The consequences of the Covid-19 pandemic highlighted the weakest links in many of our systems, among them the fashion industry. Mountains of unsold inventory – an aggravated excess condition we knew about long before the coronavirus, and shipping delays. Big retailers are reducing their warehouse staff in compliance with social distancing regulations, while independent designers’ new collections may be stuck in shuttered factories. It was not that long ago that waiting for a dress for a few weeks would have been unimaginable, but the pandemic has put everything into perspective and hopefully reshuffled our priorities in life. 

Do we need to have immediate gratification in buying something and having it ASAP? I would argue that waiting for something really good makes it even better and eliminates impulse buying, unnecessary wardrobe cluttering, overproduction and the tremendous environmental and social impacts of the fashion industry. The good old-days concept of pre-ordering seems to have kicked in these days – pre-ordering something weeks or months in advance and either paying fully upfront or split into installments, while your order is being made just for you. This business model is now being revived (5). This model is also advantageous to independent responsible labels working with small artisan groups and family-owned factories and minimal cash reserves – it supports the designers and manufacturers reliant on these orders for their livelihood. Many such boutique brands report that their sales have increased and customers are happy to wait even 1.5 months until their order arrives.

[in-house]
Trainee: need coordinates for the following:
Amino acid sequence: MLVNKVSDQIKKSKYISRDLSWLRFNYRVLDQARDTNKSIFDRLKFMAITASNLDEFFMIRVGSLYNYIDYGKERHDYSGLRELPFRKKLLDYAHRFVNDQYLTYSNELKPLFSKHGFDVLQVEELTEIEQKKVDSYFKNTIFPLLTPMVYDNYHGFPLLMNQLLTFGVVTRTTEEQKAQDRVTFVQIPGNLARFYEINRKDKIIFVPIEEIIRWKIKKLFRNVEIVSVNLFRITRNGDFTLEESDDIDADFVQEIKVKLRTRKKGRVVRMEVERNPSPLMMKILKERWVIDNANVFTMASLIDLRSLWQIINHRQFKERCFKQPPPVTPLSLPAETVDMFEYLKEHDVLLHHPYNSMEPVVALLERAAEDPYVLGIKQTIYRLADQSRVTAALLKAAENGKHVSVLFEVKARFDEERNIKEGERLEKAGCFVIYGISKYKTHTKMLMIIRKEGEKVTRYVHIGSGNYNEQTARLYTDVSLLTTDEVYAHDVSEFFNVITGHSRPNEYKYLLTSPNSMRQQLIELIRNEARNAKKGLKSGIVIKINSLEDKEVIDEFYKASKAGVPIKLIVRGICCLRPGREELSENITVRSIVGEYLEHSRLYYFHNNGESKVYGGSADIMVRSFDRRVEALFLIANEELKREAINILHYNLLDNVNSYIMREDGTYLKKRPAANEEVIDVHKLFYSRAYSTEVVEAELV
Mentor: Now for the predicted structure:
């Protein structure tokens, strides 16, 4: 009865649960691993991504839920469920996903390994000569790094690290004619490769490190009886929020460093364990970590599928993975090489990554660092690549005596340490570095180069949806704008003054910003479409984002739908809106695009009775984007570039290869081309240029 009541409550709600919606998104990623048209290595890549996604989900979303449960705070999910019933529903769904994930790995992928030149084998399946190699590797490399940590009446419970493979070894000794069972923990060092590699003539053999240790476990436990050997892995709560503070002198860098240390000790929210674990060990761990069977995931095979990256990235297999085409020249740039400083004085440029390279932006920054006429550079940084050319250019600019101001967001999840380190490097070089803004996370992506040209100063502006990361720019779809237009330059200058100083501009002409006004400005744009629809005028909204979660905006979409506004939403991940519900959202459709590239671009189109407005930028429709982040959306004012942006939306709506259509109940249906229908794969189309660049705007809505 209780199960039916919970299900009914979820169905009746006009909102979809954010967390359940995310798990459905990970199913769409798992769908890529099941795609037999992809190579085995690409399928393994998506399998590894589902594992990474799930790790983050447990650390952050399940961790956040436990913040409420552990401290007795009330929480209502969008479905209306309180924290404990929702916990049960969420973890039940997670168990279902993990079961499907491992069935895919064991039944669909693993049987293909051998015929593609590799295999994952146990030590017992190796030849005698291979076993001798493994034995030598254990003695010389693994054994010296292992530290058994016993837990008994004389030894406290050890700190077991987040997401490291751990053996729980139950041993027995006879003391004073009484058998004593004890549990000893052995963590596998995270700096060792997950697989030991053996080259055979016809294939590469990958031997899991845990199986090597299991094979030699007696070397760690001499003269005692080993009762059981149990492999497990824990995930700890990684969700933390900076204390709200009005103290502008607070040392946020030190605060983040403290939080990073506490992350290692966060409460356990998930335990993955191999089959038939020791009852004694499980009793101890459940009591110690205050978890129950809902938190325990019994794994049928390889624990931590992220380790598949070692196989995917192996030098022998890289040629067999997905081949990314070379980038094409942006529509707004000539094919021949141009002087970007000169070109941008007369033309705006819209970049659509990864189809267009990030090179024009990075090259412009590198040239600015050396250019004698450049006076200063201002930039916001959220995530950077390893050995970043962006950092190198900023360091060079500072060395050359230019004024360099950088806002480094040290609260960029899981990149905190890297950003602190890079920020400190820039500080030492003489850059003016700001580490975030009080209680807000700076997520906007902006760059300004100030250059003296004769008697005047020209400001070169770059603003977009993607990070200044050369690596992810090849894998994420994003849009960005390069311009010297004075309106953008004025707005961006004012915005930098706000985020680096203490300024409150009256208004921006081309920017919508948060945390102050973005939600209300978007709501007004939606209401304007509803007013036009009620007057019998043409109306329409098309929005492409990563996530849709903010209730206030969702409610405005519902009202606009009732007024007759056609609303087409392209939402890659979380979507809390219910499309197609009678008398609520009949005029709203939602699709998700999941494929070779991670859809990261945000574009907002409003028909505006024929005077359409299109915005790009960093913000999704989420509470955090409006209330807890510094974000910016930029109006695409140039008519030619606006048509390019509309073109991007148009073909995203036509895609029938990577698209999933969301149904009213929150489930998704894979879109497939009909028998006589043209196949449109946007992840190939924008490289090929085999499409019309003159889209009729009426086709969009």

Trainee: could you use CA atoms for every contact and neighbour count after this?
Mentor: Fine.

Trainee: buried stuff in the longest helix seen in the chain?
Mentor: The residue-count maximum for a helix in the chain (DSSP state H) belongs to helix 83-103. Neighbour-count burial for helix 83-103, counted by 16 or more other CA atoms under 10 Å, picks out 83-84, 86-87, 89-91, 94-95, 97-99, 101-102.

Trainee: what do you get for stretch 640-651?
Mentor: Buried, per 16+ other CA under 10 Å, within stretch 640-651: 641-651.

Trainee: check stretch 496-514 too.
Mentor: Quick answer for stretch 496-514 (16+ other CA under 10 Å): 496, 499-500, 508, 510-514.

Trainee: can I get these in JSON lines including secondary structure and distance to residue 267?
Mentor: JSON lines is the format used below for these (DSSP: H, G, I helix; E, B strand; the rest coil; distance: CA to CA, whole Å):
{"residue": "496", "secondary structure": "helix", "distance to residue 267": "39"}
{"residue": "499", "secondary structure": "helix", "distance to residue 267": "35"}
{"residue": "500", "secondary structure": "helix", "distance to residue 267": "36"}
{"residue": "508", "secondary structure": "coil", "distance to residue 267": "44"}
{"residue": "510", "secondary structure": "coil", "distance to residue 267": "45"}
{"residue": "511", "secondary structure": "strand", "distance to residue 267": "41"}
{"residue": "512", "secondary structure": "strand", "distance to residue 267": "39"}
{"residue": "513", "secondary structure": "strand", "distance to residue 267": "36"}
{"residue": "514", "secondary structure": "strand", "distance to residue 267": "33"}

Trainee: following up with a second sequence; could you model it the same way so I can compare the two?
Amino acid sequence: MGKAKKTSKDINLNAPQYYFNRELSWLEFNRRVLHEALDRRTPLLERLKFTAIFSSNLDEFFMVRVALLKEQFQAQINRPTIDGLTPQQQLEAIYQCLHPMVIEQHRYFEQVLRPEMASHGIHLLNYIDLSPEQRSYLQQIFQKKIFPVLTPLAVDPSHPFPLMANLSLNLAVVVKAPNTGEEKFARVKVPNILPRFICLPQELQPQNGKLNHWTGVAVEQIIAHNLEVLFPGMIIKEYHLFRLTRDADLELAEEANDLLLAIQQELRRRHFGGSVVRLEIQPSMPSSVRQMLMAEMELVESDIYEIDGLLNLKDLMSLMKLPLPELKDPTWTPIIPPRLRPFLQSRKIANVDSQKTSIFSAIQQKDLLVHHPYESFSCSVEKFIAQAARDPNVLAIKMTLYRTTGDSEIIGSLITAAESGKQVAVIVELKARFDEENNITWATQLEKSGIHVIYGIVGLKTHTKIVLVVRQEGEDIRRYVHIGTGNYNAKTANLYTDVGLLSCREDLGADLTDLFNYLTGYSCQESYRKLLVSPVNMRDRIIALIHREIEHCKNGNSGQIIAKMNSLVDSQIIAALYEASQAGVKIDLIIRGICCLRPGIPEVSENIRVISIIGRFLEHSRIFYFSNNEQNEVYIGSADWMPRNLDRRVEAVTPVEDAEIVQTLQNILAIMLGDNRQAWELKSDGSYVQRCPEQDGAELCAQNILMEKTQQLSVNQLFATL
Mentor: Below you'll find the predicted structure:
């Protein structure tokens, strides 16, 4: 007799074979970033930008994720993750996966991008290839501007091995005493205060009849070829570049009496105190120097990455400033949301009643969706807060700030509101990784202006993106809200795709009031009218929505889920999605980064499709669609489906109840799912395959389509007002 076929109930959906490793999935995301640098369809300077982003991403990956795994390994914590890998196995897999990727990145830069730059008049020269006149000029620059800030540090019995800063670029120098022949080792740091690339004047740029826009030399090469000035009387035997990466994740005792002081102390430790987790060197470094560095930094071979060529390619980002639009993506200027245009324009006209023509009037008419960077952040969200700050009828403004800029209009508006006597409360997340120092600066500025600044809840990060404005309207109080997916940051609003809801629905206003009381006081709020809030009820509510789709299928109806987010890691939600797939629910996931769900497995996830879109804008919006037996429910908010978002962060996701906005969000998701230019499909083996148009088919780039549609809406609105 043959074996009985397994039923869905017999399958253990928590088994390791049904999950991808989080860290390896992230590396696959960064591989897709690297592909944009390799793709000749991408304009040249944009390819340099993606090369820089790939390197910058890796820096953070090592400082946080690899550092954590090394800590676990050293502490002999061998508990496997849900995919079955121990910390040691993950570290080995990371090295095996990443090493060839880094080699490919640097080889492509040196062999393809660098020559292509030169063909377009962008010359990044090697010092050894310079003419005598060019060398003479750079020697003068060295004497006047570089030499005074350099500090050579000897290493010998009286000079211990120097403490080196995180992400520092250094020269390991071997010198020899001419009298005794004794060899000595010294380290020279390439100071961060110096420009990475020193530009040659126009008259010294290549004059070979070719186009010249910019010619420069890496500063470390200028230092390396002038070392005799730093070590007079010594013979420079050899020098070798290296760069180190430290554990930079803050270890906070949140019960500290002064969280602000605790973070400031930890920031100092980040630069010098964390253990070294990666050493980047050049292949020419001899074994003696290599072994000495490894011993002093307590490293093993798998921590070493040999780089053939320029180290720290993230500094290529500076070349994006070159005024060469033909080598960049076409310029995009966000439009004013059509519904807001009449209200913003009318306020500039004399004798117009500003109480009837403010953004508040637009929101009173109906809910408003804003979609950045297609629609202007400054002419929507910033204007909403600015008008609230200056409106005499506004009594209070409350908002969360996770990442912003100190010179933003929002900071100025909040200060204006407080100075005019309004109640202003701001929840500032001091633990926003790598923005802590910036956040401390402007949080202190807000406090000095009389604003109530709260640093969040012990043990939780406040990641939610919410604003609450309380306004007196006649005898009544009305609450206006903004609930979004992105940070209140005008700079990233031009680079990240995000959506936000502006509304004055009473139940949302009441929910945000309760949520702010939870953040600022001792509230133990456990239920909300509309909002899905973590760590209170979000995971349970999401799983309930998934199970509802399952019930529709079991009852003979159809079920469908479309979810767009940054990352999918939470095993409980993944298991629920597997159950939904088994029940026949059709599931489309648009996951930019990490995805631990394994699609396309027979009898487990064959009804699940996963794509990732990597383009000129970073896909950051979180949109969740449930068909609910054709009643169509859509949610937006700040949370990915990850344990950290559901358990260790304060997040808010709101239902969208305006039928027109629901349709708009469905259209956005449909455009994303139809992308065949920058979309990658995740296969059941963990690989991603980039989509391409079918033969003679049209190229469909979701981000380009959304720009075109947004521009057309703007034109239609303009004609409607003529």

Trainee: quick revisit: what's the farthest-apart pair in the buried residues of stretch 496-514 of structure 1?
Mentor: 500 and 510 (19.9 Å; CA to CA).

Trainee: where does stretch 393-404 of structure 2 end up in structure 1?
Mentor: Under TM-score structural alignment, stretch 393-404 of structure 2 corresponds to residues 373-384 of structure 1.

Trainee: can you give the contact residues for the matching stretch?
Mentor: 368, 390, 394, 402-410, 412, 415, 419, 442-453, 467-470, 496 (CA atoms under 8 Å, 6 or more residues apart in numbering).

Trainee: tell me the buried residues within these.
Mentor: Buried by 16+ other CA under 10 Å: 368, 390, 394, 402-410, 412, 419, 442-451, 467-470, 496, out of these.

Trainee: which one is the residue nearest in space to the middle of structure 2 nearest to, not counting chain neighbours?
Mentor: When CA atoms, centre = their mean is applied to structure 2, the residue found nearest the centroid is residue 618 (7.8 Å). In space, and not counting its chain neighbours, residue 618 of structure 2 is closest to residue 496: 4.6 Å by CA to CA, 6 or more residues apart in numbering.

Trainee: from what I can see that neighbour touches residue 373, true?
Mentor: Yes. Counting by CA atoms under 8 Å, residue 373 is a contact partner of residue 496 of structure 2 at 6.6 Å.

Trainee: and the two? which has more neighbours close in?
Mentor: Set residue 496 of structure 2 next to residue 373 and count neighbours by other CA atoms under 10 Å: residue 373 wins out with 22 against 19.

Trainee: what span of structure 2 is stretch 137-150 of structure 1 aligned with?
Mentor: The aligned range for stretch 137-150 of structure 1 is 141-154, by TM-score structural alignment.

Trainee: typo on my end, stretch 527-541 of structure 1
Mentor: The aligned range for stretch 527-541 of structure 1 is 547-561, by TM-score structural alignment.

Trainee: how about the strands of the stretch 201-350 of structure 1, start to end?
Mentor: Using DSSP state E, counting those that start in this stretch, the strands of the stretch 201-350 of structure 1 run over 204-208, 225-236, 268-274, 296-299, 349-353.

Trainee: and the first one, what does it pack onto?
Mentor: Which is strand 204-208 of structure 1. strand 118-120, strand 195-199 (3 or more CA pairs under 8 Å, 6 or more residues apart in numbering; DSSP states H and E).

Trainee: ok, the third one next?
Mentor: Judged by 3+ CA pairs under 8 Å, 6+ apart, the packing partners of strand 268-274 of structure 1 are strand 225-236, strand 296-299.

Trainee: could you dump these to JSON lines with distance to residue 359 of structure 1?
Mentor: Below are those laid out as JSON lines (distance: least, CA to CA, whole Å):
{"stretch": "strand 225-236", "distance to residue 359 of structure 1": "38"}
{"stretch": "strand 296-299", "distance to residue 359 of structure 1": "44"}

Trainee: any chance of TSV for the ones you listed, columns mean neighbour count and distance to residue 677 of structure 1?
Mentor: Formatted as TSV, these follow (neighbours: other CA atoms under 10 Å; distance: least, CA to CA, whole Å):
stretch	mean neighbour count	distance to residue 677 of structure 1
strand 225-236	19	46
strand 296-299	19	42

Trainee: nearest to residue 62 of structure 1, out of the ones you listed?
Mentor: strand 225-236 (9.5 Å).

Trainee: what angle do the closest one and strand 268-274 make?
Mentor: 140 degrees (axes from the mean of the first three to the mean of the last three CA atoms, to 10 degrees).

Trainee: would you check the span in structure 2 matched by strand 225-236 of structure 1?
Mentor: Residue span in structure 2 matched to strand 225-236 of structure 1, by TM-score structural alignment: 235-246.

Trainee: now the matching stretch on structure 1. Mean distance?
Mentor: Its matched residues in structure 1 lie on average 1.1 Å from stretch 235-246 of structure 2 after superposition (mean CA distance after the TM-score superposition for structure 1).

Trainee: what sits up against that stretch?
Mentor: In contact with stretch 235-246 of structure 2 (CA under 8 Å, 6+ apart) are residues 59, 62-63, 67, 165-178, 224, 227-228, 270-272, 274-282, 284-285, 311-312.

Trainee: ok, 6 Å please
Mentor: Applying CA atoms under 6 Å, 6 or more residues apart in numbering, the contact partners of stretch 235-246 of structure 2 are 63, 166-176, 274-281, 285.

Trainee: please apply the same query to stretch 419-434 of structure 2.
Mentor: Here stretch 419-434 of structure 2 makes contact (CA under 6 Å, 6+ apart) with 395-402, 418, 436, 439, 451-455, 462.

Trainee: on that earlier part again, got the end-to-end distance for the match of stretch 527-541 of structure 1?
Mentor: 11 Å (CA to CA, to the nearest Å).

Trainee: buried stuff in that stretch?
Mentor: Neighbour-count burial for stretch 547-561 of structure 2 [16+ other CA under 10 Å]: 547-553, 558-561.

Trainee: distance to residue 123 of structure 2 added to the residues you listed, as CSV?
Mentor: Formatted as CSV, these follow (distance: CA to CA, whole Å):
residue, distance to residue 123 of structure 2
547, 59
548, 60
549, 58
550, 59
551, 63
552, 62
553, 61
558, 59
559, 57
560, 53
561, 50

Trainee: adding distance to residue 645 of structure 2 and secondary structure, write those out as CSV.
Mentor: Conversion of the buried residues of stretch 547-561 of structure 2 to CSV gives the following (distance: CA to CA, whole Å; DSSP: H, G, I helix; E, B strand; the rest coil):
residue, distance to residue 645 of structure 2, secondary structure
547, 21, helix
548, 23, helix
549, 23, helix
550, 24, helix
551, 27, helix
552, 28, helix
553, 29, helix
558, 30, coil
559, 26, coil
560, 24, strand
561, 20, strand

It seems that technology, customer behaviour and industry understanding of its impacts have reached a  convergence. I am not intending to make predictions here, but this might be the turning point for new business models like Unspun’s to conquer the market and to disrupt the fashion industry. Let’s dare to imagine different systems and a different future as we can do better!


1 McCluskey, M. in Time Magazine. (Best Inventions 2019, 2019).

2 Global Carbon Project, <> (2001 - 2020).

3 Ammar, R. Resortecs. LCA-Rebirth. (2019).

4 Unspun. <> (2020).

5 Farra, E. in Vogue    (2020).